The number of new claims in English courts has dropped by 65% in the past month, as ‘severe market stress’ puts the brakes on expensive litigation.
According to research by a litigation analytics start-up Solomonic and disputes firm HFW, just 29 claims were filed in the week commencing 30 March - less than half than in the same week last year – with the overall number of new claims in the English courts falling by 65% over the past four weeks.
The drop was attributed to the economic impact of coronavirus. However, solicitors predict a wave of litigation and arbitration once the crisis has passed.
Damian Honey, dispute resolution partner at HFW, said: ‘Whenever there is an event that causes severe market stress, there is always a lull in disputes activity before the claims start coming through, as everyone’s immediate priority is taking stock of the situation – particularly in relation to contractual positions – and managing cash flow. When you’re in survival mode, you don’t typically go around commencing what could be expensive litigation.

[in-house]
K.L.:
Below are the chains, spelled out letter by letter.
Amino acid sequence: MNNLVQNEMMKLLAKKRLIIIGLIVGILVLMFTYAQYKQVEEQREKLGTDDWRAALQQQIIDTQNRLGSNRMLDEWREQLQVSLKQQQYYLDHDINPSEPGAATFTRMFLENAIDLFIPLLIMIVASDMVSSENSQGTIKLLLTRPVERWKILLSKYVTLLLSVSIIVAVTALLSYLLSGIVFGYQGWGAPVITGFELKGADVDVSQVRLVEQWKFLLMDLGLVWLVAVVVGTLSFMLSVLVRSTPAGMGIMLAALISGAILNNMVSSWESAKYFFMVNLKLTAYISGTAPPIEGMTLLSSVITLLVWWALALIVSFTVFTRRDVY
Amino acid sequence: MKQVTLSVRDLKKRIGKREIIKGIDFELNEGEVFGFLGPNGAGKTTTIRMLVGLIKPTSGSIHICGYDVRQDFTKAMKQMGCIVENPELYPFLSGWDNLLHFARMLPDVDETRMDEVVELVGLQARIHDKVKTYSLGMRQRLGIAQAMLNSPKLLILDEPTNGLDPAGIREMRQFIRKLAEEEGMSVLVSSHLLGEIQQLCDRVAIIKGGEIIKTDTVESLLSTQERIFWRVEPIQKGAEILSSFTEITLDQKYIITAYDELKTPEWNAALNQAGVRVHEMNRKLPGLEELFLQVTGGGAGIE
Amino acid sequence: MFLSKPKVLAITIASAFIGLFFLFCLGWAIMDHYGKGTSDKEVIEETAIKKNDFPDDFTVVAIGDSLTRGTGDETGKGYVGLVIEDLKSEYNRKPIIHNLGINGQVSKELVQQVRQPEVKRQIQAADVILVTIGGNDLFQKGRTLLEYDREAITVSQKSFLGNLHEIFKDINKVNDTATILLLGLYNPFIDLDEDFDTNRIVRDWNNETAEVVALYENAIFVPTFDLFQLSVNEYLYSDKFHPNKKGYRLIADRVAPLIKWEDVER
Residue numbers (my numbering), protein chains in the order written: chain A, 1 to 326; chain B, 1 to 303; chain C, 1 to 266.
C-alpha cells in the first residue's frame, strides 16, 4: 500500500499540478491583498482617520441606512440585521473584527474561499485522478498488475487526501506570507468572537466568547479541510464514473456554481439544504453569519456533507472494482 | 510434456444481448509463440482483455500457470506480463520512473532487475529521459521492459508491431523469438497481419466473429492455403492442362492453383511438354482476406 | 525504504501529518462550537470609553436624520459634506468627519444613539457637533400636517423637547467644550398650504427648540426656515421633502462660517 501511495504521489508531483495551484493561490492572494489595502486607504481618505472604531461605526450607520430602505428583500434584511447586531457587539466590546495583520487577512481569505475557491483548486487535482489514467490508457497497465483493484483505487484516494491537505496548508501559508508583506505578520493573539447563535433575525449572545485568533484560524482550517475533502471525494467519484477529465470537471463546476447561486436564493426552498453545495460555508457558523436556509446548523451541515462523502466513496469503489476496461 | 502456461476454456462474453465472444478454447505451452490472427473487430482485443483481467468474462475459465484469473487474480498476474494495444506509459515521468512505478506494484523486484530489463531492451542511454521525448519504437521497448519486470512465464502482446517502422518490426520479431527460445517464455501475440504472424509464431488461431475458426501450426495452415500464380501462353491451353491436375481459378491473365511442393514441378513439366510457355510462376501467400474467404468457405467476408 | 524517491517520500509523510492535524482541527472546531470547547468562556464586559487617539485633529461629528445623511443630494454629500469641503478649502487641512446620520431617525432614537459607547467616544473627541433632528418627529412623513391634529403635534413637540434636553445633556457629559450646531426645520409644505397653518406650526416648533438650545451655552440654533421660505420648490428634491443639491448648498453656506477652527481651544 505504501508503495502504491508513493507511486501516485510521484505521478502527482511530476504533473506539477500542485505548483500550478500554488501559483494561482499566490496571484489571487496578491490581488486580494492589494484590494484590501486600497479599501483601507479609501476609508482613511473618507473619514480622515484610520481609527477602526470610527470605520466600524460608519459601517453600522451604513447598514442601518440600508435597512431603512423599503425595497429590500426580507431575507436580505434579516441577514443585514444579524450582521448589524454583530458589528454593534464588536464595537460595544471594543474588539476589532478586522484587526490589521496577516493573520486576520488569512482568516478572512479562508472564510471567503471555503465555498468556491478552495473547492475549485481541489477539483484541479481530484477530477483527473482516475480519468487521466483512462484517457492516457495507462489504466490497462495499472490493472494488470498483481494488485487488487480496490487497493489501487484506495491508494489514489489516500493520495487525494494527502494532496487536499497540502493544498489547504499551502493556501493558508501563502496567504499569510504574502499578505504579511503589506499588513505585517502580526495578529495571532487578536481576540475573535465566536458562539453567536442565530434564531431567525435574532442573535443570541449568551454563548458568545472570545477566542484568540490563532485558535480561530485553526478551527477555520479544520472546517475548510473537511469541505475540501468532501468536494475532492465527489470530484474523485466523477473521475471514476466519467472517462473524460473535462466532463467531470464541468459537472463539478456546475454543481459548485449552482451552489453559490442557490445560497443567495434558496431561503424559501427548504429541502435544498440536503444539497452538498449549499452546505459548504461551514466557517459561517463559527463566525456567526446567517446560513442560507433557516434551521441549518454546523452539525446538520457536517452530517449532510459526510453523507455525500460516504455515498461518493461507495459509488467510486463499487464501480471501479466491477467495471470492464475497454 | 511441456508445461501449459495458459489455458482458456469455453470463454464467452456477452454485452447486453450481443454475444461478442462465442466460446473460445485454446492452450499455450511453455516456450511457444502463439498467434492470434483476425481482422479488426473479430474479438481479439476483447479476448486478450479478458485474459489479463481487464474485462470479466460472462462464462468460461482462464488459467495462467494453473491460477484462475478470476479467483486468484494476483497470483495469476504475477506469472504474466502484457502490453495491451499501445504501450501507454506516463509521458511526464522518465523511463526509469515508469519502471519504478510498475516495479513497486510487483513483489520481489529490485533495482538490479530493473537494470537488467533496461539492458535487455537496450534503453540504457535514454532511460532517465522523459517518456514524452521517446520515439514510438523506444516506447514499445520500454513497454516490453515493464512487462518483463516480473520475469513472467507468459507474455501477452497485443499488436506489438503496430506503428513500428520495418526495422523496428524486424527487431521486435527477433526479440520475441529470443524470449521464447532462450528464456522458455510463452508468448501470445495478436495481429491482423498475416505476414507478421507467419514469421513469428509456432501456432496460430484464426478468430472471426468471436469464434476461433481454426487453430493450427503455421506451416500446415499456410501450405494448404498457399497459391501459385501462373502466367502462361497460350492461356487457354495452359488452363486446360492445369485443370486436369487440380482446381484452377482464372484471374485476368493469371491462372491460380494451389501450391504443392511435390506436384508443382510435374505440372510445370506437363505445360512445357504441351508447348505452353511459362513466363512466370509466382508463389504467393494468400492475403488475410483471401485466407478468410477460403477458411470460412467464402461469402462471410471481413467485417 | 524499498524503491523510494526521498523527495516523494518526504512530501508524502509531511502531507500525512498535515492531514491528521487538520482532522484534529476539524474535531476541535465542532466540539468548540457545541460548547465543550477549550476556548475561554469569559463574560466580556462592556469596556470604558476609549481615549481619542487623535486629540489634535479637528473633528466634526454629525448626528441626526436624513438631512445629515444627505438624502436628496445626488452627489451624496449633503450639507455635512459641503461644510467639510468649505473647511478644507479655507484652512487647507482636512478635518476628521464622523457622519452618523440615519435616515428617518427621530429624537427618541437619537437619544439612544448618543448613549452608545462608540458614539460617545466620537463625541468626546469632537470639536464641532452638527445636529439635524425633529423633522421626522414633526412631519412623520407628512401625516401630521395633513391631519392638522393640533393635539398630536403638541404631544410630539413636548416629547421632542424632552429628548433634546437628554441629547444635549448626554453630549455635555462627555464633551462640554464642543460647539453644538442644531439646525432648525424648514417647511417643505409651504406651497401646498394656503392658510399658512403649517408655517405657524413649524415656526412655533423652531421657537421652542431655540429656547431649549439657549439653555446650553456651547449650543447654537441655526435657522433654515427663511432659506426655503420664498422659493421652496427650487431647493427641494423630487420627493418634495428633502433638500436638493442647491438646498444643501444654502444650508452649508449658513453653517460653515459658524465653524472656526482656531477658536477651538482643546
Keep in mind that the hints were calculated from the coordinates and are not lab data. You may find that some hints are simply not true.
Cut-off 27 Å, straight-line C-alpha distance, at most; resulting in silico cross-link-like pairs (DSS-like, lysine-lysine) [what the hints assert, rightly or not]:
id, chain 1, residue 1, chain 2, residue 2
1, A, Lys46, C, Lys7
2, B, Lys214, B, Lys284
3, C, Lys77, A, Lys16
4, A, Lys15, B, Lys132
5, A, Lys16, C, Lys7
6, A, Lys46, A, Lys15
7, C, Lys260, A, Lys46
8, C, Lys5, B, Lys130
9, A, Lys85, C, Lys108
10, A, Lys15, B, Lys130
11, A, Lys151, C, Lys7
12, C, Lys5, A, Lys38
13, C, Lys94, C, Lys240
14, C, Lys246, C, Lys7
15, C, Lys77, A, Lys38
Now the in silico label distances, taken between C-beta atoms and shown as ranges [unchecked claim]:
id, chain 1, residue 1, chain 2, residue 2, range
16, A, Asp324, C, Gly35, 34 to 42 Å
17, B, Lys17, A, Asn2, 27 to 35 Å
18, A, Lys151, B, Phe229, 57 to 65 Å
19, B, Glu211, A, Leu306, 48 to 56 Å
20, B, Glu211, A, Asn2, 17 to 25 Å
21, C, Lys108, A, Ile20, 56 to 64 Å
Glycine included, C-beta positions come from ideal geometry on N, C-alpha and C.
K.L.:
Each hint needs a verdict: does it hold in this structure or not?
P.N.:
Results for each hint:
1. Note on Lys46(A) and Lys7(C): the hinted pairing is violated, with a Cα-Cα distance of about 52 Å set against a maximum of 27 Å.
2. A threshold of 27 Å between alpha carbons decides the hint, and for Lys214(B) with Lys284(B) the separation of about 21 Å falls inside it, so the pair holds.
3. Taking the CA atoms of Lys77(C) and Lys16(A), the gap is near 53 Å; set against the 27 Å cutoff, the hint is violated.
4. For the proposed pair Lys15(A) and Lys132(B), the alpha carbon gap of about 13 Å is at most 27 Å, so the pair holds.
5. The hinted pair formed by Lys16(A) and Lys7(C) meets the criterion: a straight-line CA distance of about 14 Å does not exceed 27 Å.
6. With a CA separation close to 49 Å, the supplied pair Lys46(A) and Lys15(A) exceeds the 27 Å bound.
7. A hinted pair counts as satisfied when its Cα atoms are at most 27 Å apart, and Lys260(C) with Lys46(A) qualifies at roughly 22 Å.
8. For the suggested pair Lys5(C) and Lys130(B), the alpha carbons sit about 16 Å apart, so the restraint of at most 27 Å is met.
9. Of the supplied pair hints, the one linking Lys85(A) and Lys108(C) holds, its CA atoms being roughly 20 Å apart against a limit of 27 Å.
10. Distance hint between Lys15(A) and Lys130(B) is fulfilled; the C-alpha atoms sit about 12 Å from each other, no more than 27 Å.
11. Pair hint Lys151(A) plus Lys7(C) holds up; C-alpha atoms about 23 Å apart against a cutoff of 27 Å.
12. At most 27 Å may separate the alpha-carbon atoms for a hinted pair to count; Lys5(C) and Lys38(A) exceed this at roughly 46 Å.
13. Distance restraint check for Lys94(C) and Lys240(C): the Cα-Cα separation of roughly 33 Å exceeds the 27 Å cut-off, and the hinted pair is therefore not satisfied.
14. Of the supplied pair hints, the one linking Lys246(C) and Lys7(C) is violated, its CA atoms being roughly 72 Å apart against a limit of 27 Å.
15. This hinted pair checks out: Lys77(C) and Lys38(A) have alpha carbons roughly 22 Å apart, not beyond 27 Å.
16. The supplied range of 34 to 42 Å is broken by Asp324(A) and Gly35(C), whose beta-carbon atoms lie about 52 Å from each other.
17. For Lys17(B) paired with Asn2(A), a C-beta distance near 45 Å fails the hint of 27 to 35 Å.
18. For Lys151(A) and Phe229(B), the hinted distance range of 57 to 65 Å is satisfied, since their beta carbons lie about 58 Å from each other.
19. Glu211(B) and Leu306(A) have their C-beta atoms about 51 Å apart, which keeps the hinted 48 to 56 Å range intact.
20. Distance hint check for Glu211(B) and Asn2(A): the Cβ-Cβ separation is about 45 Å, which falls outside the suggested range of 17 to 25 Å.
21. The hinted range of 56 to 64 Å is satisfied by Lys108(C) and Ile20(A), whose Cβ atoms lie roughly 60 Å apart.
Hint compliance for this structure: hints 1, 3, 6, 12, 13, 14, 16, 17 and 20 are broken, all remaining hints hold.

‘We saw the exact same thing happen with the financial crisis in 2008 – the disputes market went really quiet, but that eventually gave way to a surge of litigation and arbitration. We expect the same to happen with Covid-19.’
Litigation funding could accelerate the arrival of coronavirus-related claims, HFW suggested. Adam Strong, HFW litigation funding committee chair: ‘Litigation funding was a fledgling industry in 2008, but it’s now very much in the mainstream – that could have a huge impact. Having access to third-party funding allows claimants to not only de-risk litigation, but also to completely remove the legal fees from their balance sheets.
‘That will prove extremely attractive to many companies at the moment, and could mean that we start seeing Covid-19-related claims coming through sooner than they might otherwise.’
*The Law Society is keeping the coronavirus situation under review and monitoring the advice it receives from the Foreign & Commonwealth Office and Public Health England.